But while Congress is considering legislation, there is no guarantee a bill will pass. So states are moving ahead on their own.
“Rather than wait for the decision on whether it’s going to be FDA or the states, in order for the [state pharmacy] license to have meaning, we’re going to make sure we do our best to protect you,” said Carmen Catizone, executive director of the National Association of Boards of Pharmacy, which represents the state regulators.
Iowa has been one of the most aggressive states in scrutinizing out-of-state pharmacies, including compounders. Agents for the Iowa pharmacy board have inspected about 50 facilities in Florida, New Jersey, Texas and Utah.
Those inspections led the Iowa board to charge five pharmacies, including Pharmedium. Iowa inspected Pharmedium’s Sugarland, Tex., facility in December. The board is accusing the company of shipping medications to hospitals without the required individual prescriptions and engaging in manufacturing, a violation of its pharmacy license.
In a statement, Pharmedium said it does not manufacture drugs. It also said “no inspection should have applied” because the company discontinued operations under its pharmacy license a month before the Texas inspection. The company continues to make and ship drugs under a wholesale license at the same facility, it said. The board’s inspection of that operation found no negative or deficient findings related to quality or patient safety, the company said.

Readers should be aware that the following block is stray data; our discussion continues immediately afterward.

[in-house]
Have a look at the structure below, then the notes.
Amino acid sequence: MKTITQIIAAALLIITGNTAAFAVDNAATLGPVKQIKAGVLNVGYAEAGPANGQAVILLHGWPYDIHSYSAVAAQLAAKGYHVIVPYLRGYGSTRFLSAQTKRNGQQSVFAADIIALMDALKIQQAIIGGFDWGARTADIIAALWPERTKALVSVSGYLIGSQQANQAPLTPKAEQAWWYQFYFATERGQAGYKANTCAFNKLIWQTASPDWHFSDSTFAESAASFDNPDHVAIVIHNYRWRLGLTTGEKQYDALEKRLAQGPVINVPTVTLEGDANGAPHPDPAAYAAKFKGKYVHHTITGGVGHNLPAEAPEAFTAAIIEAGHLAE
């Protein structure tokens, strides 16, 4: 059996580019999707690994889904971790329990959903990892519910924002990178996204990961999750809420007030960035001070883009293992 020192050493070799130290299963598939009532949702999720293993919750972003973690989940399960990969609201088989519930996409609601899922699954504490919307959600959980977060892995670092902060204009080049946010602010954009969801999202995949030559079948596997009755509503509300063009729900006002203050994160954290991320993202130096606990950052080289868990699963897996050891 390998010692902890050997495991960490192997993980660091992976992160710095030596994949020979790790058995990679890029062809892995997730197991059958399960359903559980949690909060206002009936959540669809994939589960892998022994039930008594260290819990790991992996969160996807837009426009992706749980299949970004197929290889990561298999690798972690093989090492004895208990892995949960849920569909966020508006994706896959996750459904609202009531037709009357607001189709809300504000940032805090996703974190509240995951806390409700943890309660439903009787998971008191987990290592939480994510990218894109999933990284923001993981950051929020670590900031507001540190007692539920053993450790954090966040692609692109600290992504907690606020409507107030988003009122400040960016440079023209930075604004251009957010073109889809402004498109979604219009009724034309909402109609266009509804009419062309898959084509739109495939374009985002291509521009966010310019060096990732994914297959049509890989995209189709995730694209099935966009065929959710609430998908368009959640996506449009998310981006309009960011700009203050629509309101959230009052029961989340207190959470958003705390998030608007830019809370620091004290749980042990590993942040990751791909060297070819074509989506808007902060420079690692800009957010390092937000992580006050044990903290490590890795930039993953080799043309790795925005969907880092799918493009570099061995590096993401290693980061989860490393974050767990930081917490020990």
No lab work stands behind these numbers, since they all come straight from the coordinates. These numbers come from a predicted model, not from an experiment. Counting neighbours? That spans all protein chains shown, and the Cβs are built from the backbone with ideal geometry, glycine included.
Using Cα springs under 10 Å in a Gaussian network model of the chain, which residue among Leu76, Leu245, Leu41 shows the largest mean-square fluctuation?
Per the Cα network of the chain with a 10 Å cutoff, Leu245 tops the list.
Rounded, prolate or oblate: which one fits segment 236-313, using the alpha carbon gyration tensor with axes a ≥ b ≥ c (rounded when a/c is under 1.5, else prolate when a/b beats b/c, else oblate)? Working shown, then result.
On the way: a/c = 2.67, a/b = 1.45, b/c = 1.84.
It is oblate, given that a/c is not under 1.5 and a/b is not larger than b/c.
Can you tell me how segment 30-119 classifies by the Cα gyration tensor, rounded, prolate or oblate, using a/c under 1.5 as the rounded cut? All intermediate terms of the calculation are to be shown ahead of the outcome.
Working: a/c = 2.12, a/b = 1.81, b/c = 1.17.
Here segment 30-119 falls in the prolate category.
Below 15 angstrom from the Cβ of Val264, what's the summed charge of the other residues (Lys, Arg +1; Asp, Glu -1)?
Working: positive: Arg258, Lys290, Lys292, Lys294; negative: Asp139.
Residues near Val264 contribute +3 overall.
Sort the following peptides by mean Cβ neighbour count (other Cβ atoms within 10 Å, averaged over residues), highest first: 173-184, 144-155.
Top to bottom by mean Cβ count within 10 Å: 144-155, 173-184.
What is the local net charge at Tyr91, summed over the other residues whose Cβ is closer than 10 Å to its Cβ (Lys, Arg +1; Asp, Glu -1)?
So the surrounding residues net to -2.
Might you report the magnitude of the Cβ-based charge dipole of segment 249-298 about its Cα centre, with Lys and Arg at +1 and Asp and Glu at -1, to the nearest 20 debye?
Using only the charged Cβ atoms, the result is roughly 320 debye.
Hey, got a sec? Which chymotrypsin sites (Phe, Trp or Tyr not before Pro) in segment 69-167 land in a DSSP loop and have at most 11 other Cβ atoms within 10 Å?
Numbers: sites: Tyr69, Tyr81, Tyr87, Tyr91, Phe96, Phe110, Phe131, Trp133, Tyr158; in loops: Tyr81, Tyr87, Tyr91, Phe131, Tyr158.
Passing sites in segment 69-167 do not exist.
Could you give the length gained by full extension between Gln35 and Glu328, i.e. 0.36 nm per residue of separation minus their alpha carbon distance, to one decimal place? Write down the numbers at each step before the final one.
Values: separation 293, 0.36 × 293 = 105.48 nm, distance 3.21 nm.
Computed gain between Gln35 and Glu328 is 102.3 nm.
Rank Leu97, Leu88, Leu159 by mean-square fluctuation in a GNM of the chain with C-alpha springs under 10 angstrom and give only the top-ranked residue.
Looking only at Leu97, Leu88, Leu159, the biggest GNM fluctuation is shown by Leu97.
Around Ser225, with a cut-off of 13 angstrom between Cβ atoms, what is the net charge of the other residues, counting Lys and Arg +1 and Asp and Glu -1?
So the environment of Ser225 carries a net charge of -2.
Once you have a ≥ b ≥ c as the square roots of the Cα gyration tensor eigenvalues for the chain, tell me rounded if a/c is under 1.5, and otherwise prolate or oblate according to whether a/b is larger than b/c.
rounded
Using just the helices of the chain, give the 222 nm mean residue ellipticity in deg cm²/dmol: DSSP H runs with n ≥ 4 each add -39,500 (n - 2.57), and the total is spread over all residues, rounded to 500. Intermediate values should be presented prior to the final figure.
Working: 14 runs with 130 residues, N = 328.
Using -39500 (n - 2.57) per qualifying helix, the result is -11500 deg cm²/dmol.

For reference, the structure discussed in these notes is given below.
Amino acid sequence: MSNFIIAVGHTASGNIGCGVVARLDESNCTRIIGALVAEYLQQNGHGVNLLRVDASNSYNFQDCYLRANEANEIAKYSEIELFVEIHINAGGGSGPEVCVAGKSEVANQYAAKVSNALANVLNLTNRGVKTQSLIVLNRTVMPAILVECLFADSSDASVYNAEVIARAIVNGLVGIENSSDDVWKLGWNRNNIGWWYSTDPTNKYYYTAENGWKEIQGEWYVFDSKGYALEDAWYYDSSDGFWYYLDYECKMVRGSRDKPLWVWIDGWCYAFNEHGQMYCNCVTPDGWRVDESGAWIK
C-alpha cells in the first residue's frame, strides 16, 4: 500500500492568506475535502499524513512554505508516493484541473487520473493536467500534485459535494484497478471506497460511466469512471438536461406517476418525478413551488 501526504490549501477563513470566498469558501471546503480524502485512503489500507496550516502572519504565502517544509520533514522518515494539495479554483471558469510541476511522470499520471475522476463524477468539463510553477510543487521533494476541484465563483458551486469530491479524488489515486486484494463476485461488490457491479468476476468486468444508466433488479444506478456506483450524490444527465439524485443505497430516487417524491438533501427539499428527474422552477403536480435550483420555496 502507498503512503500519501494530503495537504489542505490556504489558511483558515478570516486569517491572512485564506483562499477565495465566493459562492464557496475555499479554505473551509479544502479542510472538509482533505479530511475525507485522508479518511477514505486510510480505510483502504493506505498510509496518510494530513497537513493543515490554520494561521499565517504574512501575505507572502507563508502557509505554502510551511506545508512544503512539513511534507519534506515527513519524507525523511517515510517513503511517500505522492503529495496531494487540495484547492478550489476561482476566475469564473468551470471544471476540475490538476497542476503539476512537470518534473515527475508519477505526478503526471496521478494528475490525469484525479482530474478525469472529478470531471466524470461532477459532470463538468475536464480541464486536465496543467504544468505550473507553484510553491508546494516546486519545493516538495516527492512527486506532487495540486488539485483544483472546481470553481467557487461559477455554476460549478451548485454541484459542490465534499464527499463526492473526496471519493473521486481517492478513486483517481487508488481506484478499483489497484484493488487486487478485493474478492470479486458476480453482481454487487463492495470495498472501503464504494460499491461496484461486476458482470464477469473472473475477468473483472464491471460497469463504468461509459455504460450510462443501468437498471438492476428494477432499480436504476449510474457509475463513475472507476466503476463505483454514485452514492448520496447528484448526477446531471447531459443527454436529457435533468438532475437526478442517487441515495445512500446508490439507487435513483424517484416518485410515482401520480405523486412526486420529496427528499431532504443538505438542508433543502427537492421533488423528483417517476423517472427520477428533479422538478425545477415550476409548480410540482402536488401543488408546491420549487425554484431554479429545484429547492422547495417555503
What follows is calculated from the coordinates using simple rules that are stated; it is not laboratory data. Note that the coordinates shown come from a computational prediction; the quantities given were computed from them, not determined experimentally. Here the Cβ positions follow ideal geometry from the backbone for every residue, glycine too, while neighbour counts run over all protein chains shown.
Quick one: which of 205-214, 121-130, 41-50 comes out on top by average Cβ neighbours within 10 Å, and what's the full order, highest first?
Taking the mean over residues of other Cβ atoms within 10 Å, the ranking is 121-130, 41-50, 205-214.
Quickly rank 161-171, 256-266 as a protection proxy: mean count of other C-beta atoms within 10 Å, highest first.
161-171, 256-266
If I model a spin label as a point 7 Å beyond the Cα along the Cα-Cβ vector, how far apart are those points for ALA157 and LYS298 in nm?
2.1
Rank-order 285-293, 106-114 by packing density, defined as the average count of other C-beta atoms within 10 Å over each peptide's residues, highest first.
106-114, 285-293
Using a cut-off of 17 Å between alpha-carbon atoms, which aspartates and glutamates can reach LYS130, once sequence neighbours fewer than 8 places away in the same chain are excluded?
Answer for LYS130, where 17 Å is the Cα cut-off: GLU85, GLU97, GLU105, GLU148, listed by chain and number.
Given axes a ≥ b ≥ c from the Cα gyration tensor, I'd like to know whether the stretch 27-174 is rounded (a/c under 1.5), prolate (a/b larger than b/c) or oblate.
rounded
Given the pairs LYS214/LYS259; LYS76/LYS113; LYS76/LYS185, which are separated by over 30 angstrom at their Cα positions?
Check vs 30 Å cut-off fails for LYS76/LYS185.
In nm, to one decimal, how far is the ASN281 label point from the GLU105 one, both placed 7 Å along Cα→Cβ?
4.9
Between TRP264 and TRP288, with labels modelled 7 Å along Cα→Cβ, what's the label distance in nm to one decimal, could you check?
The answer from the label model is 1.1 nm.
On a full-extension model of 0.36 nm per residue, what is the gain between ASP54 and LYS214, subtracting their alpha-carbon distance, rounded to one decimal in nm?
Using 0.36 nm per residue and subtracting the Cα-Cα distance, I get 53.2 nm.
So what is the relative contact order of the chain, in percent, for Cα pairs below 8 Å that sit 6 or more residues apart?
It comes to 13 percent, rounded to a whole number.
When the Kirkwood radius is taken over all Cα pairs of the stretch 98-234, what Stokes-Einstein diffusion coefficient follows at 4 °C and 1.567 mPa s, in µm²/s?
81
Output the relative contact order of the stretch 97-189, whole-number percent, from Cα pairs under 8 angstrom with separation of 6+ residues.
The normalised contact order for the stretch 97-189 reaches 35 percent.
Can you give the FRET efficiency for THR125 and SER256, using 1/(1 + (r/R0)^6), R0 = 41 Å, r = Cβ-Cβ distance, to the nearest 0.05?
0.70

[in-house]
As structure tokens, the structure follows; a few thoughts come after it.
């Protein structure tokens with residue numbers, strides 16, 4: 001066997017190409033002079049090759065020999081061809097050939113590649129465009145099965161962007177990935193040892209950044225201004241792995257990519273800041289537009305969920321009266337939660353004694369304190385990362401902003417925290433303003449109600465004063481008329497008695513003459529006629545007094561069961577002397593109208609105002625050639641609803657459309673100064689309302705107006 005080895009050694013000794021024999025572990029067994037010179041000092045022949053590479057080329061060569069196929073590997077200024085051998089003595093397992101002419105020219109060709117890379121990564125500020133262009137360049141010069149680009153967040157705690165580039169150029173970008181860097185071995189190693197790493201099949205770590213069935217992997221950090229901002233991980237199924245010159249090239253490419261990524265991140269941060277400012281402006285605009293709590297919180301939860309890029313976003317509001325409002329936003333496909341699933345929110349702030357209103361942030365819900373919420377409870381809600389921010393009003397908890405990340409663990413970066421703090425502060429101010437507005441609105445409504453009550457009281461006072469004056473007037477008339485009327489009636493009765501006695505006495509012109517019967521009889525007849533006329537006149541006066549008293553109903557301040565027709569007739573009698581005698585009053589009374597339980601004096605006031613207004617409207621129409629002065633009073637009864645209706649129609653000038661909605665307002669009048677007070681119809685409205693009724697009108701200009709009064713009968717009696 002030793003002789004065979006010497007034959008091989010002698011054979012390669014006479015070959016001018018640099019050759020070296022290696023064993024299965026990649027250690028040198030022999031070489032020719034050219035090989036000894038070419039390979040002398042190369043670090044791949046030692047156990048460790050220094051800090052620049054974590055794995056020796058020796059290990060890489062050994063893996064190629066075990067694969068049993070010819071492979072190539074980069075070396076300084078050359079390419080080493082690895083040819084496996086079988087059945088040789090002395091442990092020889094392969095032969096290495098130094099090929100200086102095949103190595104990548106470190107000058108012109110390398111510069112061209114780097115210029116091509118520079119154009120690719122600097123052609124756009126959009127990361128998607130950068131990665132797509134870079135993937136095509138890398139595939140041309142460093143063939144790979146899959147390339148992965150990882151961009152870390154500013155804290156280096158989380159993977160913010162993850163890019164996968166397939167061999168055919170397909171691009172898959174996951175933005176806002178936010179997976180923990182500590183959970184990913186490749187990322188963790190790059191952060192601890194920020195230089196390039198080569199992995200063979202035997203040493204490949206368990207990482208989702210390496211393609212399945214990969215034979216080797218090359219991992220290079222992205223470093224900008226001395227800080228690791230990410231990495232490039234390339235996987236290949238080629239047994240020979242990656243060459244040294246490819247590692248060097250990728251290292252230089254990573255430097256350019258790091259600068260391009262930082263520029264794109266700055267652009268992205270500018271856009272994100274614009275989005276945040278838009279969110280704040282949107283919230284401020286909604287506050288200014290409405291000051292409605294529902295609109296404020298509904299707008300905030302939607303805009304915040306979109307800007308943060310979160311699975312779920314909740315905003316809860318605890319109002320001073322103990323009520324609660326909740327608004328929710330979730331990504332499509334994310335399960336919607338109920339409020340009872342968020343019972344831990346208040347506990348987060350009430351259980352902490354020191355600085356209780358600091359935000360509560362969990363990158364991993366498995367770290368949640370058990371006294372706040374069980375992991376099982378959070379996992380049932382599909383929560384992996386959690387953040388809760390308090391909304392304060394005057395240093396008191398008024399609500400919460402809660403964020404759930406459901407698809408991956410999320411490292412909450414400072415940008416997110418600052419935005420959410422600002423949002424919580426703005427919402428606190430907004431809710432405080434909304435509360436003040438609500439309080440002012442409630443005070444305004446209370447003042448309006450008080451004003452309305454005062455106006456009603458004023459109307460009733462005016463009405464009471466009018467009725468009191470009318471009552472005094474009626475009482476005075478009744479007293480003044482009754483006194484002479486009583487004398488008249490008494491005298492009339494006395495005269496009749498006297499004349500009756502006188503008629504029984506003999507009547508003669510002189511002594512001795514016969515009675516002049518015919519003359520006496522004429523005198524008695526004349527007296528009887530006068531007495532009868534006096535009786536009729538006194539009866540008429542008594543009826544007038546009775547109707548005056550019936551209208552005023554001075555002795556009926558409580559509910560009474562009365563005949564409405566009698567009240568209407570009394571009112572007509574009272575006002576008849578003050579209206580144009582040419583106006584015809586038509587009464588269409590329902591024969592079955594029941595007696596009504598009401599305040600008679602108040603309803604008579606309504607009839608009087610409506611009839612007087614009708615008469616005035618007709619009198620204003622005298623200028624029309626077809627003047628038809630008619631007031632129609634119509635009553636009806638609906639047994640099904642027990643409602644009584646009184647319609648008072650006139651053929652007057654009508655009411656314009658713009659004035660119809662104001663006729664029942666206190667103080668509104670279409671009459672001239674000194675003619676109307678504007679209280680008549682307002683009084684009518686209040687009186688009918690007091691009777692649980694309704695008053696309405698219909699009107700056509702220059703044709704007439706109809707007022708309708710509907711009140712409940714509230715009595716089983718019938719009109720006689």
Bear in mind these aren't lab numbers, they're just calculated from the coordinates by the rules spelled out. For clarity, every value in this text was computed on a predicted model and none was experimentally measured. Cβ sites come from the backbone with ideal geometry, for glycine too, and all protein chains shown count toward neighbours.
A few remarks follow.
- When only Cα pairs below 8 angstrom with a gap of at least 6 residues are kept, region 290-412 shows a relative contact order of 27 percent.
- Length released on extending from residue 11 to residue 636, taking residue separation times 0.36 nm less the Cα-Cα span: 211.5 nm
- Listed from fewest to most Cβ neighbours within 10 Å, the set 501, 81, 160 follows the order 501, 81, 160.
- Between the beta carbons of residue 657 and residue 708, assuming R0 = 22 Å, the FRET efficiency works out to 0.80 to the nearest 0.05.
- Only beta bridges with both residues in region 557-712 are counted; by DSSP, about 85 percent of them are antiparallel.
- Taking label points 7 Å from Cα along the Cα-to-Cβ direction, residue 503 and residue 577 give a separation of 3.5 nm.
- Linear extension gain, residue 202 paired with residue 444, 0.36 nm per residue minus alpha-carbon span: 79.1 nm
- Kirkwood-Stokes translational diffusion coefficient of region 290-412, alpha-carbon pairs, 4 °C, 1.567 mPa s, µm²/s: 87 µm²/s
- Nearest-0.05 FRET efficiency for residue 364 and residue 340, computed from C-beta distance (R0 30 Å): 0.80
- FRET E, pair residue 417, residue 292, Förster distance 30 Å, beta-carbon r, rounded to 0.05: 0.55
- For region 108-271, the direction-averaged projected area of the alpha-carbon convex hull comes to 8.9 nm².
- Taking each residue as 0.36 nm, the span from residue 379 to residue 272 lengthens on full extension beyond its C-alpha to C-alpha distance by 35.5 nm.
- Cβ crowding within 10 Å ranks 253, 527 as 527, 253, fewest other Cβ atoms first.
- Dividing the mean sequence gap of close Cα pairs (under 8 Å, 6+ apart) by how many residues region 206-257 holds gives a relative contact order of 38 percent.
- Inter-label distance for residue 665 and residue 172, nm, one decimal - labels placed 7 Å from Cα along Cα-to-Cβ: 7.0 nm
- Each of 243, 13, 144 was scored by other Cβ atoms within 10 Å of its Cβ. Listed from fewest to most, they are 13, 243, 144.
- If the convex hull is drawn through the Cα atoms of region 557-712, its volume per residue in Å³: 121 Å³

But Pharmedium, which has four plants, acknowledged that its operations, like those of other large compounders, aren’t a perfect “fit” for regulation solely as a pharmacy, wholesaler or drug manufacturer. The company supports federal oversight of a new hybrid category — between a pharmacy and a manufacturer — and one set of standards.
Otherwise, proliferating — and possibly conflicting — state regulations could be a nightmare, company officials said.
“Who are we supposed to be in compliance with? The state we’re in or the state we’re shipping to?” Pharmedium President Rich Kruzynski said at a recent industry conference. “People are nervous because there is no one set of standards. . . . You may pass Iowa but fail California.”
The company is continuing to ship medications into Iowa while its case is pending.
Pharmedium declined to comment on the New York ban. In a cease-and-desist letter sent last year from New York’s pharmacy board to Pharmedium, authorities said New York permits compounded products to “be prepared and dispensed pursuant only to patient-specific prescriptions.”
Pharmedium was one of several companies highlighted in a Washington Post investigation about problems at manufacturing-style compounding pharmacies years before last fall’s outbreak. The Post reported that unsanitary conditions and human errors at Pharmedium plants had caused illnesses in at least 19 people.